Drinking with the boys
by Jon Worley
This wasn't the column I was going to write this week. My first thought was to discuss the "scrotum scrum," the controversy about The Higher Power of Lucky, the newly-minted Newberry winner for best (non-picture) children's book that introduces itself with a short digression on the word "scrotum." I'd pulled quotes from George Carlin, the Rev. Billy C. Wirtz and even "The Music Man." A number of dingbat parents groups and simple-minded school librarians were all in a tizzy, threatening to ban the thing one way or another. That one was gonna be good.
And then my younger son Sam, who turned two a while back and doesn't talk much, turned to me on Wednesday and said, "I wrote an 'S'." He pointed at his paper, and he'd written, well, a "Z." But, you know, he gets points for trying. And talking. And making me wonder just how it is you can gauge what exactly is going on in the mind of a little kid.
That one was gonna be good, too. But yesterday I ate lunch at the National Museum of the American Indian with Max and Sam (Barbara had an engagement to speak to some students). I had a beer. And, well...
First things first. If you have a chance to dine at the NMAI (or the recently refurbished National Museum of Natural History), do it. It's not cheap--entrees can hit $10-$15. But this isn't fast food. It's pretty damned stellar cafeteria fare. I had buffalo chili with a side of smoked squash ($5 and $3, respectively). Max and Sam split a fruit cup and a large piece of frybread. Not so adventurous, but relatively healthy.
Anyway, after herding the guys through the checkout line without hands (both were needed for my overloaded tray), we plunked ourselves down and ate. Max ate the cantaloupe and honeydew, Sam ate the blackberries and pineapple and they both split the blueberries. They drank their milk politely and were, in all respects, astoundingly perfect. Sam, in particular, can get distracted in restaurants and go a little berserk. He is, after all, two. But not yesterday.
So they got approving glances from the folks eating near us. As for me, well, my beer was not welcome.
I don't usually get beer at the Smithsonian. The general offerings consist of some American macrobrew and an import or two--if you consider Corona or Kirin (the latter is brewed in Los Angeles) imports. I'll have the tamarind agua fresca, thank you.
But yesterday I saw something called Firestone Walker Double Barrel Ale. I took a (very) quick glance at the label and it looked good. Well, it didn't look bad, and I'm always in favor of trying something new.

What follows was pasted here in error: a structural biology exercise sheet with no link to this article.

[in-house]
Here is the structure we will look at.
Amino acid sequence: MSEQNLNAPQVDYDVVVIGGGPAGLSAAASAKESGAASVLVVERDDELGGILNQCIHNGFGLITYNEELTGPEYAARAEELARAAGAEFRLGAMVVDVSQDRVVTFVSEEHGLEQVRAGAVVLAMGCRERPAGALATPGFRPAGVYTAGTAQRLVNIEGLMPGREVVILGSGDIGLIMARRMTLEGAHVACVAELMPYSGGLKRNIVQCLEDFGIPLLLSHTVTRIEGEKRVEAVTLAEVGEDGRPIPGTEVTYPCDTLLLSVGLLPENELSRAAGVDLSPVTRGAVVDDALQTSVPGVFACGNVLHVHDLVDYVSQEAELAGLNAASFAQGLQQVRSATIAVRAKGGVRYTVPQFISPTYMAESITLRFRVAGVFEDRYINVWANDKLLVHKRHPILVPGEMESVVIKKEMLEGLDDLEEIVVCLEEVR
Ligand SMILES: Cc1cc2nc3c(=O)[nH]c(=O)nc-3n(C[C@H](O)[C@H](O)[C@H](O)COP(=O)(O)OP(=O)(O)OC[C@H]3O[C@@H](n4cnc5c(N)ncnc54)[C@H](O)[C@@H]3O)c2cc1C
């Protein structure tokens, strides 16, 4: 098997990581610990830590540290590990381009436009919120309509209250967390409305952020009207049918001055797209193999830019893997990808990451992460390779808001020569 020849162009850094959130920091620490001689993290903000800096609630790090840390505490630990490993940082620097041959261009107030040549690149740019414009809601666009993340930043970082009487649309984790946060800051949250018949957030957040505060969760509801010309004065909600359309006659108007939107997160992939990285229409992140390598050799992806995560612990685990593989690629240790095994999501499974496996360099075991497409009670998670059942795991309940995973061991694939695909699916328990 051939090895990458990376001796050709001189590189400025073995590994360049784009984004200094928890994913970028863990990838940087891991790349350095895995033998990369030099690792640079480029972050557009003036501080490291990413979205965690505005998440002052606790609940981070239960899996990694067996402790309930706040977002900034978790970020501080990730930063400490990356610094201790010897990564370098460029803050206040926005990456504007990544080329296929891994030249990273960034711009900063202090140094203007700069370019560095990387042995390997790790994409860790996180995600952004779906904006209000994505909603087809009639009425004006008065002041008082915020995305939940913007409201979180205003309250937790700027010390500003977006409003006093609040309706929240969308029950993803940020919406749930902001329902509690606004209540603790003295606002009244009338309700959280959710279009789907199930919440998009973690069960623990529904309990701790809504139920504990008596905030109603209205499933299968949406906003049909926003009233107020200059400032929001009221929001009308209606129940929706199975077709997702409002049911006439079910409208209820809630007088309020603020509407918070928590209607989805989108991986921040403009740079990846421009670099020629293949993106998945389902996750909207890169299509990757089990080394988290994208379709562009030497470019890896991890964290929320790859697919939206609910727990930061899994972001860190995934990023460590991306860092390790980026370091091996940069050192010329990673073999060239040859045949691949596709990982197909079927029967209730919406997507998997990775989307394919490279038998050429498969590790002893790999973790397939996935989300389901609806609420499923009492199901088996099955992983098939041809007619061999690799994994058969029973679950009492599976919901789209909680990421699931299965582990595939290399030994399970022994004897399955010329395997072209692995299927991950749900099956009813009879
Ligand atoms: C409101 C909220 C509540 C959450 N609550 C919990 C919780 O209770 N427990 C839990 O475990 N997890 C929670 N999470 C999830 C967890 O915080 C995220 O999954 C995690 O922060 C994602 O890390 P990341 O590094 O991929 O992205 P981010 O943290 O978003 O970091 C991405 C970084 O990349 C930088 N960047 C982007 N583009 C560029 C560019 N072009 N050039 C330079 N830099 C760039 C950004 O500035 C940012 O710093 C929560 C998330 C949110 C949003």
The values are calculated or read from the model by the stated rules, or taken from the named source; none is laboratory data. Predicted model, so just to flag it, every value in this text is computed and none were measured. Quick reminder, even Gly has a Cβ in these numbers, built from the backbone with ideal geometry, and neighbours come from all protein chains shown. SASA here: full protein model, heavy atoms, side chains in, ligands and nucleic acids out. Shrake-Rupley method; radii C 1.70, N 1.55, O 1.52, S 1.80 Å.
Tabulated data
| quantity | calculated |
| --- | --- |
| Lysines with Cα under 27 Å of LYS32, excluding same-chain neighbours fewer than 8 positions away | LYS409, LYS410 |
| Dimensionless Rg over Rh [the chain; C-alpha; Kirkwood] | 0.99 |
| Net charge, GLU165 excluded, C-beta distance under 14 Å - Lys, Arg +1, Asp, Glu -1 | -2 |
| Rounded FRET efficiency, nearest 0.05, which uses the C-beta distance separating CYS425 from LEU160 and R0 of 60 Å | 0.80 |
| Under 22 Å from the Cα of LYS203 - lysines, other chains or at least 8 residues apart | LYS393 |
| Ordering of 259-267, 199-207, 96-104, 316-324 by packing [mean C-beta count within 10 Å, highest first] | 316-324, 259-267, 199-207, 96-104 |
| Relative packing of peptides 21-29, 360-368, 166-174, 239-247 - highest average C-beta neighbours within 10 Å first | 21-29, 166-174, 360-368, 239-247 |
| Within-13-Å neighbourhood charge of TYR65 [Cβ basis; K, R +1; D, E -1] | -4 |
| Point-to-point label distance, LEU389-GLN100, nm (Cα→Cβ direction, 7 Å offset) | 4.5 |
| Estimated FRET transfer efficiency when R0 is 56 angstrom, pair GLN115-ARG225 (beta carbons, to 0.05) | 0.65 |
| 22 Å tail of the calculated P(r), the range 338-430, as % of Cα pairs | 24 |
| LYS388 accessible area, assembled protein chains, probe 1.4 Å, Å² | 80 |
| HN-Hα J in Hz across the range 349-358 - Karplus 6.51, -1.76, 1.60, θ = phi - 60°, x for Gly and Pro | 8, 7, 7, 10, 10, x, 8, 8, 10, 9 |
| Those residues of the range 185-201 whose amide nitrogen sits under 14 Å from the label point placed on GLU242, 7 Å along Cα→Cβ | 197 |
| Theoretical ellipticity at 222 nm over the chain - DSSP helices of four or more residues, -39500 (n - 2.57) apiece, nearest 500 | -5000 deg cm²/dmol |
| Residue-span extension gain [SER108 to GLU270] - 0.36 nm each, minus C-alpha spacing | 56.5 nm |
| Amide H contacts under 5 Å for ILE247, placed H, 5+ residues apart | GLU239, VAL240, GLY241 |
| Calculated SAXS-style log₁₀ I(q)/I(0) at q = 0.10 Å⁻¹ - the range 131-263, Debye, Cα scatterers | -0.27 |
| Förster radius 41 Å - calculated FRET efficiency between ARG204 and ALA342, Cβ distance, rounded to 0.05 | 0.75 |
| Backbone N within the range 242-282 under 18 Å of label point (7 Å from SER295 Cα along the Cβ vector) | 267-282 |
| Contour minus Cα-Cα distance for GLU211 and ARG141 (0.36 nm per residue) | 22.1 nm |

For those who care, the "Firestone" in the name is an heir to the tire fortune, though his parents are better known for their wines. The beer itself was good. Non-assuming, not particularly flavorful but with a nice body. In short, the sort of beer you can settle down with and have a few. I'd have another one, which is about as complicated as my beer ratings generally get.
So anyway, I got these looks. Not just stares, but disapproving ones. Stares that seemed to ask the question, "How can a dad responsible for the safety of two preschoolers be drinking a beer with his lunch?"
By and large, I'm oblivious to other people. I simply don't care what people think of me. Maybe if I was on trial or something I might, but in the course of my life I rarely concern myself with other people's opinions of me, unless said opinion causes an obvious problem. I wouldn't have even noticed these stares except that they were omnipresent. The first adult I made eye contact with (it's always important to scan the room when you're with young kids, just so you know what they're seeing) had that highly offended look, and so did the second. As my eyes passed over more tables, I got plenty of variations on the theme.
I know a lot of people--probably a majority of people in this country--believe that you shouldn't drink around kids. Or, at the very least, that if you do you should feel bad about it. I don't. I think that if you drink, you should drink around your kids. Teach them (by your actions, not by sitting down with tumblers) how to drink responsibly. It just seems to make sense to me.
One of the main differences between DC and Durham is the lack of a "hang out" culture. If I wanted to go have a beer with someone in Durham, I could pick any of a number of houses in my neighborhood or call a list of friends. I didn't do this a lot, as much of the attraction of having a beer had to do with not being around the boys for a while, but the possibility was there. We've met a lot of nice people up here, but most of them aren't comfortable with our general Friday night plan of cracking a few brews with friends and letting the kids tear up the house. It's too bad, really. When kids see their parents relaxed and happy, then they're relaxed and happy. Around here, there are lots of people who don't relax, period.
I know, most of the people in the restaurant were probably tourists...though the NMAI cafeteria has become something of a local "secret." And so blaming the stern looks I got on the general DC culture is a bit of a stretch. But they pissed me off, and recently a number of folks I know have been discussing the excess of intensity among most folks in and around DC. So, you know a little confluence.
But don't let my silly diatribe keep you from the restaurant at the NMAI. It's really great. And, if you are inclined, do try the Double Barrel Ale. It goes great with the chili.